Robot prostatectomies no better than open surgery

2 minute read

World’s first randomised trial of robotic prostatectomies finds no benefit compared to open surgery


It may have been sold as a safeguard against infection, impotence and incontinence, but the world’s first randomised controlled trial of robotic prostatectomies has found no benefit compared to open surgery on key outcomes.

The expensive procedure was not statistically superior for sexual and urinary function, or post-operative complications, Queensland researchers found.

This data is from the first 12 weeks of a two-year trial of 308 men with prostate cancer who were randomly assigned to receive either robot-assisted laparoscopic prostatectomy or radical retropubic prostatectomy.

“Surgery has long been the dominant approach for the treatment of localised prostate cancer, with many clinicians now recommending the robotic method to patients,” lead author Professor Robert ‘Frank’ Gardiner, University of Queensland Centre for Clinical Research, said in a statement.

Despite an earlier meta-analysis showing functional outcomes were better after robotic surgery, their own comparison did not echo these findings, the authors wrote.

But differences may become apparent later on, as urinary and sexual function continue to improve for up to three years after the operation, they cautioned.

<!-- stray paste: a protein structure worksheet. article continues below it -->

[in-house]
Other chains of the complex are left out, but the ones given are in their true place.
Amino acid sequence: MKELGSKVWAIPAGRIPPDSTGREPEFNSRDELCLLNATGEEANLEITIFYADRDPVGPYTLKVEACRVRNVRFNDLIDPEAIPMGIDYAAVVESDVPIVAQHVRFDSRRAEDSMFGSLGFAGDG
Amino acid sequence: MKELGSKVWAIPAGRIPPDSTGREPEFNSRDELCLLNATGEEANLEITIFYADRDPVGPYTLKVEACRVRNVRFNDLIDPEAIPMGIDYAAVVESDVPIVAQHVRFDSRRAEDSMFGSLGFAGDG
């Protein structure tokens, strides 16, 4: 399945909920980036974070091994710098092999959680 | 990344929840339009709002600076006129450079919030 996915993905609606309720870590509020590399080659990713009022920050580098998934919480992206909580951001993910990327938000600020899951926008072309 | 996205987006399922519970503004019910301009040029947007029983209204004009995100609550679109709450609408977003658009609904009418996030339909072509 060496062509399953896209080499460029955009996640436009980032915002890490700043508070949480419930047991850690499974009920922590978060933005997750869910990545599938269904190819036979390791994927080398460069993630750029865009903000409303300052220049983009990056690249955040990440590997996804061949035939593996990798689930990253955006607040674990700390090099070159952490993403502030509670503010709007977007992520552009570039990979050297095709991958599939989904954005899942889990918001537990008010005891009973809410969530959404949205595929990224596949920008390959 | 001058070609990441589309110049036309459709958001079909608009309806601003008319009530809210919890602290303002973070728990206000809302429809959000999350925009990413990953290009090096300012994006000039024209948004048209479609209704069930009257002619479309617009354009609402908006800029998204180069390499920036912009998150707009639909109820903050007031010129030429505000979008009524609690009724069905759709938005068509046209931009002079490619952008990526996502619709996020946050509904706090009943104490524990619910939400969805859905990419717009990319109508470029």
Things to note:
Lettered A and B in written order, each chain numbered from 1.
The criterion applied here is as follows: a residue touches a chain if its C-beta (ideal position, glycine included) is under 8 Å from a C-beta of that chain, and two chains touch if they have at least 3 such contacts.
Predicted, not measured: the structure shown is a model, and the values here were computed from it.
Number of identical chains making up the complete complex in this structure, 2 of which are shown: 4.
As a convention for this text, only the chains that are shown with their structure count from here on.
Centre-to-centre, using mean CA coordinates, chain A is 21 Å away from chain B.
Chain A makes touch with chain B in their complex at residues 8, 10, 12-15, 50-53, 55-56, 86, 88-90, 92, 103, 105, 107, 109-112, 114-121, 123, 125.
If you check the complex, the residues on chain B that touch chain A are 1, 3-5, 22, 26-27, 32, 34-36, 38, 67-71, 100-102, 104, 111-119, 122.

“In the meantime, patients should choose an experienced surgeon they trust and with whom they have a rapport, rather than basing their decision on a specific surgical approach,” Professor Gardiner said.

Though days away from work were equal in both groups, patients who underwent open surgery spent more time in hospital after the surgery.

They also lost more blood – around three times as much as those in the robot-assisted group – although no transfusions were needed.

Robot-assisted surgery also reduced pain in day-to-day activities at one week and was linked to a higher physical quality of life at six weeks, but by 12 weeks this had become non-significant.

To keep the findings consistent, one surgeon performed all of the robotic surgeries and another all of the open surgeries. Each were the most experienced available in their field.

By the trial’s end, the former had completed more than 1000 robot-assisted laparoscopic prostatectomy procedures, and the latter had done more than 2000 radical procedures.

But these findings should not necessarily be cause to disregard robotic prostatectomies, the author of an accompanying editorial, said.

Non-inferiority should be seen as a positive that proved the new technology had met outcomes similar to the status quo, the UK researcher wrote.

Lancet 2016; online July 26

End of content

No more pages to load

Log In Register ×